Photo of the comet 67P/Churyumov–Gerasimenko taken by the Rosetta space probe on February 9, 2015 during its approach (Image ESA/Rosetta/NAVCAM)

Last Saturday, ESA’s Rosetta space probe made a flyby just 6 kilometers (about 4 miles) away from the comet 67P/Churyumov-Gerasimenko, which is becoming more and more active because the approach to the Sun is sublimating its water ice. This maneuver is an important moment in the Rosetta mission for the possible analyzes but also because it starts a new phase in which the probe will move away from the comet for its passage closest to the Sun in August 2015.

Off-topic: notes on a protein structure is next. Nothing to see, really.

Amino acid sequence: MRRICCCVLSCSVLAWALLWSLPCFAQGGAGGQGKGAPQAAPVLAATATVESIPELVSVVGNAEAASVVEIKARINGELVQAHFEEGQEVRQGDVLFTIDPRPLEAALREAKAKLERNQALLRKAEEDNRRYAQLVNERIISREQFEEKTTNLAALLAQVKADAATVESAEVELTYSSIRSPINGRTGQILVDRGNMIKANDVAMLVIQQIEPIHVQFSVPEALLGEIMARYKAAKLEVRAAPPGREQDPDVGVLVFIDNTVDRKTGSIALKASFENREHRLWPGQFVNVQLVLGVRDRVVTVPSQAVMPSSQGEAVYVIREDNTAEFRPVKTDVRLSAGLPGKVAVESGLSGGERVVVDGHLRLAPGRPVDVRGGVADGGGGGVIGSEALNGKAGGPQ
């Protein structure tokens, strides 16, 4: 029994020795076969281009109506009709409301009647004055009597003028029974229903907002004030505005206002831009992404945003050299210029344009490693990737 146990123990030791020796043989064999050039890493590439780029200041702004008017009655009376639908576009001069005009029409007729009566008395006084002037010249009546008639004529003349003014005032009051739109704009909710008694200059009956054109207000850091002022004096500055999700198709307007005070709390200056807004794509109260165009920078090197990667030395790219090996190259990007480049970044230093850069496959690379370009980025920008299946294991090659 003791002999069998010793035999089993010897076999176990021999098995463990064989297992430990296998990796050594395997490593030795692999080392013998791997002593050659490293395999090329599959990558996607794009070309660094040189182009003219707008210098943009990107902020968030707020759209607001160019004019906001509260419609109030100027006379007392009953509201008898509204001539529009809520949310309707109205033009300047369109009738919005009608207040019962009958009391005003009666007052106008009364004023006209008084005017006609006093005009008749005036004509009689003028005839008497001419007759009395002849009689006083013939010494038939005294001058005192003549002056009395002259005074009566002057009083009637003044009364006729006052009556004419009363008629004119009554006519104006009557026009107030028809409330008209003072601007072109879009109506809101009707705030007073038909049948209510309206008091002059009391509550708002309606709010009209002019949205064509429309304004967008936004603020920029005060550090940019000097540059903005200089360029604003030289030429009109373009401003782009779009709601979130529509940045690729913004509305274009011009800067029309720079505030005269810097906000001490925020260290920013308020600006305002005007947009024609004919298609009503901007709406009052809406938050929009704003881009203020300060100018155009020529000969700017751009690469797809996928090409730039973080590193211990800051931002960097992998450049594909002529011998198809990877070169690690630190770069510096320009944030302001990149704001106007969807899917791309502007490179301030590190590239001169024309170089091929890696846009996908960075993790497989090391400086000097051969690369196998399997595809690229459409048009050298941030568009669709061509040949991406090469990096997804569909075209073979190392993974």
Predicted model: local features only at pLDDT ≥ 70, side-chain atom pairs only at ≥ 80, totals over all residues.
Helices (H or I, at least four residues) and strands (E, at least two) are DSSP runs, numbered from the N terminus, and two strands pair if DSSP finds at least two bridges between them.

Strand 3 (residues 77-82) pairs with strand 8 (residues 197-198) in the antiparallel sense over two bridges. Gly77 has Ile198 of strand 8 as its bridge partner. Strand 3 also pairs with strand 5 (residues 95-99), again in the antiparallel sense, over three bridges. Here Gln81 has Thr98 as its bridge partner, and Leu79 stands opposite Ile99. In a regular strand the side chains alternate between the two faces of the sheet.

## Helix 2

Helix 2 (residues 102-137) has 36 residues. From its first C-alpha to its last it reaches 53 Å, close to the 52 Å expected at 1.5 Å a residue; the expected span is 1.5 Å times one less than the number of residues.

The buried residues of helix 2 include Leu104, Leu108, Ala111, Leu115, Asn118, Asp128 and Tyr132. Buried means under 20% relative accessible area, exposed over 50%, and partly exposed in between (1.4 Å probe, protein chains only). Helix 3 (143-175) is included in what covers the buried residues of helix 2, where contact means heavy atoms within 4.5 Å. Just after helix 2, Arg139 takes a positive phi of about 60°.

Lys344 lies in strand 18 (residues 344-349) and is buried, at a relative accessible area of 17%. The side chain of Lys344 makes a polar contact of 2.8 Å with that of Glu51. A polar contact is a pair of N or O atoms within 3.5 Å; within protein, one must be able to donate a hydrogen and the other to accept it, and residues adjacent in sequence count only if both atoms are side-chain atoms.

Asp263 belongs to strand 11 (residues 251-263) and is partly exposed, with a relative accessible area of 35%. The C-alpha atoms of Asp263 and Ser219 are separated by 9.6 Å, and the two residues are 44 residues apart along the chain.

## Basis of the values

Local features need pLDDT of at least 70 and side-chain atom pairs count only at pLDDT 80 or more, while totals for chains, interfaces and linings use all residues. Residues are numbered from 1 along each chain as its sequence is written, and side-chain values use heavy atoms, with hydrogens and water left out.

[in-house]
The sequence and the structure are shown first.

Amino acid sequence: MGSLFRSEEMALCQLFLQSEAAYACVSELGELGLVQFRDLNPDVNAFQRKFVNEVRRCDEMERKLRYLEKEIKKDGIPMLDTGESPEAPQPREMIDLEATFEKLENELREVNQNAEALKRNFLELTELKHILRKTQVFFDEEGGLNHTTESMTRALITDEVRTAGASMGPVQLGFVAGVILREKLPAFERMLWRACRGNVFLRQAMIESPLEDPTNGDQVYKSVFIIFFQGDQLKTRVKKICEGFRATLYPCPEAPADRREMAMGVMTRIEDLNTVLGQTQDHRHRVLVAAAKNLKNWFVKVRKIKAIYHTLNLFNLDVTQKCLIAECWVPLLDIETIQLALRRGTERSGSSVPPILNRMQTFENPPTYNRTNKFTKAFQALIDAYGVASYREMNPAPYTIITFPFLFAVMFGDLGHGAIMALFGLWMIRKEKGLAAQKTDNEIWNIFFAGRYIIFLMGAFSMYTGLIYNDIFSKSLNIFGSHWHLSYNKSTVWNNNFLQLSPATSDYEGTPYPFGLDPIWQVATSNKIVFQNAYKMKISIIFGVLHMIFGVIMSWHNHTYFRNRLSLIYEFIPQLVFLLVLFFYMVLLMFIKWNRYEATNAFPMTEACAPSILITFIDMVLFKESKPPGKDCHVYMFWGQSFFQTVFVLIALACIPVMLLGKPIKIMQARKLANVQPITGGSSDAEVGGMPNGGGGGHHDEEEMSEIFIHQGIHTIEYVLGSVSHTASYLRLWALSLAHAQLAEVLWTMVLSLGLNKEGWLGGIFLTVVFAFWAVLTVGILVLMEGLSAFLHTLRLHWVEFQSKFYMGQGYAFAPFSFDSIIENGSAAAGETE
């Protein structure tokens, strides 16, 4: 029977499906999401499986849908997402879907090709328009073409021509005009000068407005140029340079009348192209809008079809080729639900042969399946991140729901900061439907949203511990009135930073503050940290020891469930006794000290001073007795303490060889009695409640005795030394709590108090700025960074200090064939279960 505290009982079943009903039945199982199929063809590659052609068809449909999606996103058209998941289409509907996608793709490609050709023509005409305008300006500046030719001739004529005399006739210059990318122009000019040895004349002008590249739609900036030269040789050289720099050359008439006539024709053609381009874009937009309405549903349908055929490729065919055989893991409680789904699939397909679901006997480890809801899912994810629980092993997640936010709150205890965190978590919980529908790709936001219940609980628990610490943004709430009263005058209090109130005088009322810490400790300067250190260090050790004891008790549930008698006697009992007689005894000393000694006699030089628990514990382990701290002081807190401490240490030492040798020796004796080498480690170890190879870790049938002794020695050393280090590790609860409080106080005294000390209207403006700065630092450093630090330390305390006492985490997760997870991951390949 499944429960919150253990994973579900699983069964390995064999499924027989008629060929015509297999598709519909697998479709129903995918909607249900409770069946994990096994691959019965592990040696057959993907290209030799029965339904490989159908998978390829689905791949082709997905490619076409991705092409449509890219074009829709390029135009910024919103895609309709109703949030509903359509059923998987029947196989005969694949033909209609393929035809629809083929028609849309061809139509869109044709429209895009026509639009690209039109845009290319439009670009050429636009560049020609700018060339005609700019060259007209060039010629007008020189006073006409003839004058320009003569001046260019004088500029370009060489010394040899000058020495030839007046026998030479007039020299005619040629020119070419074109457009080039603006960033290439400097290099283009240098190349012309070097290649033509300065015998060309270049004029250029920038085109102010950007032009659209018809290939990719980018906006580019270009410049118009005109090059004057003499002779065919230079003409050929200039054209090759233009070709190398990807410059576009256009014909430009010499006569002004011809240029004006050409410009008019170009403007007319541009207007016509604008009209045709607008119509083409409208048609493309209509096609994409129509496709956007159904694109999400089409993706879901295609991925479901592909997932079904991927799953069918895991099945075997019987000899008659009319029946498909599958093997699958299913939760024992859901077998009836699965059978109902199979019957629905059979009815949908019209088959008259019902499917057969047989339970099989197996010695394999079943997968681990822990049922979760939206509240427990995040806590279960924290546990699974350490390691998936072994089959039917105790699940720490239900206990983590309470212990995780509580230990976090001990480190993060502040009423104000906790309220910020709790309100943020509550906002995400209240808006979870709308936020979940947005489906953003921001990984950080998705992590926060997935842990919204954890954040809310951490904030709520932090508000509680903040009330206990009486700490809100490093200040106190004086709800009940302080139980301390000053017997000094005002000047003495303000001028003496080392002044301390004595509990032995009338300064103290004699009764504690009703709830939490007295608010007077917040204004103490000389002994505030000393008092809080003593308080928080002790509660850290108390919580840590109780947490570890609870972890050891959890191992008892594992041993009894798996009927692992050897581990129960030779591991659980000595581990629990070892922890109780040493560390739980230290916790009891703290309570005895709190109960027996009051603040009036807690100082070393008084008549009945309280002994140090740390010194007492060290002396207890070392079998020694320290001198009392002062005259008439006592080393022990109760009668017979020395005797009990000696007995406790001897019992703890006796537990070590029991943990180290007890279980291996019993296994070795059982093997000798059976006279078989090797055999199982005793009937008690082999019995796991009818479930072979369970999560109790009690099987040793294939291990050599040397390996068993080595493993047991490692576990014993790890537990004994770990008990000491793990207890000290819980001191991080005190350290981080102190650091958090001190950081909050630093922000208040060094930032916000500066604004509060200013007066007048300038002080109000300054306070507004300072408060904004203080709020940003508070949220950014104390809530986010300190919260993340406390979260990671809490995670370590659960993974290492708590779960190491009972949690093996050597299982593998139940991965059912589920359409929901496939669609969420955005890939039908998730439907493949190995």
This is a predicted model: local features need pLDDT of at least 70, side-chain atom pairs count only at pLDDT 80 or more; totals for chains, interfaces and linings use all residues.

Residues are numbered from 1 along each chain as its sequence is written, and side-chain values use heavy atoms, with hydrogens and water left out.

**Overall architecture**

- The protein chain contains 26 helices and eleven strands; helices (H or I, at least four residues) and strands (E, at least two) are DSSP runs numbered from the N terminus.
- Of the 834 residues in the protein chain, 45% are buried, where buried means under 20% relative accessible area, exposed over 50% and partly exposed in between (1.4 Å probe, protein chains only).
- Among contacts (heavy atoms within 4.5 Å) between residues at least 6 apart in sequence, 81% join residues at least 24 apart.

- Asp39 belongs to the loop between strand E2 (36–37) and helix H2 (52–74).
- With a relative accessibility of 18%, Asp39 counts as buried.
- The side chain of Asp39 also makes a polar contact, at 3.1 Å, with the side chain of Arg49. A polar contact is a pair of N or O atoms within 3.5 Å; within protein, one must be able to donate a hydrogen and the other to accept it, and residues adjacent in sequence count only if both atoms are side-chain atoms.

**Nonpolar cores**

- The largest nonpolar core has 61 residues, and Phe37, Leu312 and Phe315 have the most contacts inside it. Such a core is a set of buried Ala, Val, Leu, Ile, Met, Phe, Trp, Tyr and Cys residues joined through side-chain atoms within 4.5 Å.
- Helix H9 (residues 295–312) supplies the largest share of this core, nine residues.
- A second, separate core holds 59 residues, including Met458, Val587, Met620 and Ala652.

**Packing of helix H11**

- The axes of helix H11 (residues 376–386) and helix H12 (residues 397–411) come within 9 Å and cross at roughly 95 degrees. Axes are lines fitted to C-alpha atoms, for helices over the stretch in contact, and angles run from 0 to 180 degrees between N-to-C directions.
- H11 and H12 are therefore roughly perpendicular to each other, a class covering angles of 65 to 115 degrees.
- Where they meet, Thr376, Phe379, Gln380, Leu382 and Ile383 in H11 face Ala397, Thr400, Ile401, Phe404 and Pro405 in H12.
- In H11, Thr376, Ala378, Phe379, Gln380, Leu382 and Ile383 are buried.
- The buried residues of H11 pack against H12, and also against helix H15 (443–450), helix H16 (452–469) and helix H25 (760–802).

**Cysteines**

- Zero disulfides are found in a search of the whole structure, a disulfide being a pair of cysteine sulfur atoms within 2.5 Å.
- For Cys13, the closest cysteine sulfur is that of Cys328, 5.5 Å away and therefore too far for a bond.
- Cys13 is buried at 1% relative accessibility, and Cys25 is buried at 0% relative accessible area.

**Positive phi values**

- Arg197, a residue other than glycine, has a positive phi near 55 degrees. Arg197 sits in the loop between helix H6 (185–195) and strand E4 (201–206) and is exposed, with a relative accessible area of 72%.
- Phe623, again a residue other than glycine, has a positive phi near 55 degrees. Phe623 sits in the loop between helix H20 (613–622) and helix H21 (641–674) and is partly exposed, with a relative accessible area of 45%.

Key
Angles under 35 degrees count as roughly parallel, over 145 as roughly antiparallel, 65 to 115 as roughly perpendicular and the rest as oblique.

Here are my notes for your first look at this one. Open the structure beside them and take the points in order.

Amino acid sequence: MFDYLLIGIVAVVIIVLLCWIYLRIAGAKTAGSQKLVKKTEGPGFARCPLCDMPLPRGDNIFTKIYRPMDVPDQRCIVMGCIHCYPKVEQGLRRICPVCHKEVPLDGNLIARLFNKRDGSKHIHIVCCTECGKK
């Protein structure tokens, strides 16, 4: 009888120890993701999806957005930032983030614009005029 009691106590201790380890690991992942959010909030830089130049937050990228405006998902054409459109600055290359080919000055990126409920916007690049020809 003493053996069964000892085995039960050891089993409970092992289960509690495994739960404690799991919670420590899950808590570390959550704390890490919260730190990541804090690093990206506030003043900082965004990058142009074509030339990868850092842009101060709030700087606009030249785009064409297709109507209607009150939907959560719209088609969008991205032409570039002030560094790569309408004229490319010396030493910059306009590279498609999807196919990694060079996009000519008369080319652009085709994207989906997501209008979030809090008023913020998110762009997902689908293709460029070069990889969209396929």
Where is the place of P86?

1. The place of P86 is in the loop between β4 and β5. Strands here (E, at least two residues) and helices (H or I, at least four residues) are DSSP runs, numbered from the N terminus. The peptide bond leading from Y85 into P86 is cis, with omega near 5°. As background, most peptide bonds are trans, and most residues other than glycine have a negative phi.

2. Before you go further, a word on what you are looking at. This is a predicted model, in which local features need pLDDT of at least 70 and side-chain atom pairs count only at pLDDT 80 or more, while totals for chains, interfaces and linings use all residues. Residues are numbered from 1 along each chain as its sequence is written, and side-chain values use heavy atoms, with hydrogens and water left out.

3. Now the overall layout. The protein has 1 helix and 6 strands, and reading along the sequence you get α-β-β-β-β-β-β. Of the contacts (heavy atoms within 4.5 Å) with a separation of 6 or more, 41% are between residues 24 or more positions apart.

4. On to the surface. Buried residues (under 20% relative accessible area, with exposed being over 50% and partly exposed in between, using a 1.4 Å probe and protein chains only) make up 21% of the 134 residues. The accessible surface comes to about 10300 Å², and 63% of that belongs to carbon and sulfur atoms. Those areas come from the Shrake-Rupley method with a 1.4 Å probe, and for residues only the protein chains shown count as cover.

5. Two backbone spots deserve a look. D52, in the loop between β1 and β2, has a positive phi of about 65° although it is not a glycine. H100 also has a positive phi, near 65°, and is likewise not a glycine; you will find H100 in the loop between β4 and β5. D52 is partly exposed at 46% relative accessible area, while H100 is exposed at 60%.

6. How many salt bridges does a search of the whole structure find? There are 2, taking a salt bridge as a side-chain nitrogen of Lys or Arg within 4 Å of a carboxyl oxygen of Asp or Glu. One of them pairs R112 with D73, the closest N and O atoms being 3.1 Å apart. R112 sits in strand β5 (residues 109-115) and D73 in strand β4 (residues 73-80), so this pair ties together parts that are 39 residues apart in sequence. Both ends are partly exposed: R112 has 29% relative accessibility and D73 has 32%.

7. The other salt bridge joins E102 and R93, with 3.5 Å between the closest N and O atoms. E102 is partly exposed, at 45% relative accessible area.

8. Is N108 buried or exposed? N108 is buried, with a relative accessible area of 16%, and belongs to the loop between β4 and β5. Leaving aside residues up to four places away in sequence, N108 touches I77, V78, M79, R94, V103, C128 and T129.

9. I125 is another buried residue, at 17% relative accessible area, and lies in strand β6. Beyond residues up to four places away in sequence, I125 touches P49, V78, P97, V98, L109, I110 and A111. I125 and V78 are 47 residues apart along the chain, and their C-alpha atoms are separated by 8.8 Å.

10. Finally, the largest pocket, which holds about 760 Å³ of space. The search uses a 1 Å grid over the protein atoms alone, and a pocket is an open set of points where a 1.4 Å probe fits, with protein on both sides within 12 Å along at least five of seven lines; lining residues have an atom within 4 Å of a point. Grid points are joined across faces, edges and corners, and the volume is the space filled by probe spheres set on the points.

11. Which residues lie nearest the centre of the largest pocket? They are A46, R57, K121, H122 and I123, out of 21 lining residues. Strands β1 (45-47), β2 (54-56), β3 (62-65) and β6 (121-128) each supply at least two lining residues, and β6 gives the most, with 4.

The Rosetta space probe’s flyby is the culmination of a series of maneuvers that started on February 4, 2015 when it abandoned the orbit in which he was flying, about 26 kilometers from the comet 67P/Churyumov-Gerasimenko. Initially, Rosetta moved away from the comet until it was 142 kilometers (about 88 miles) away then it moved close again and to reach the minimum distance on February 14.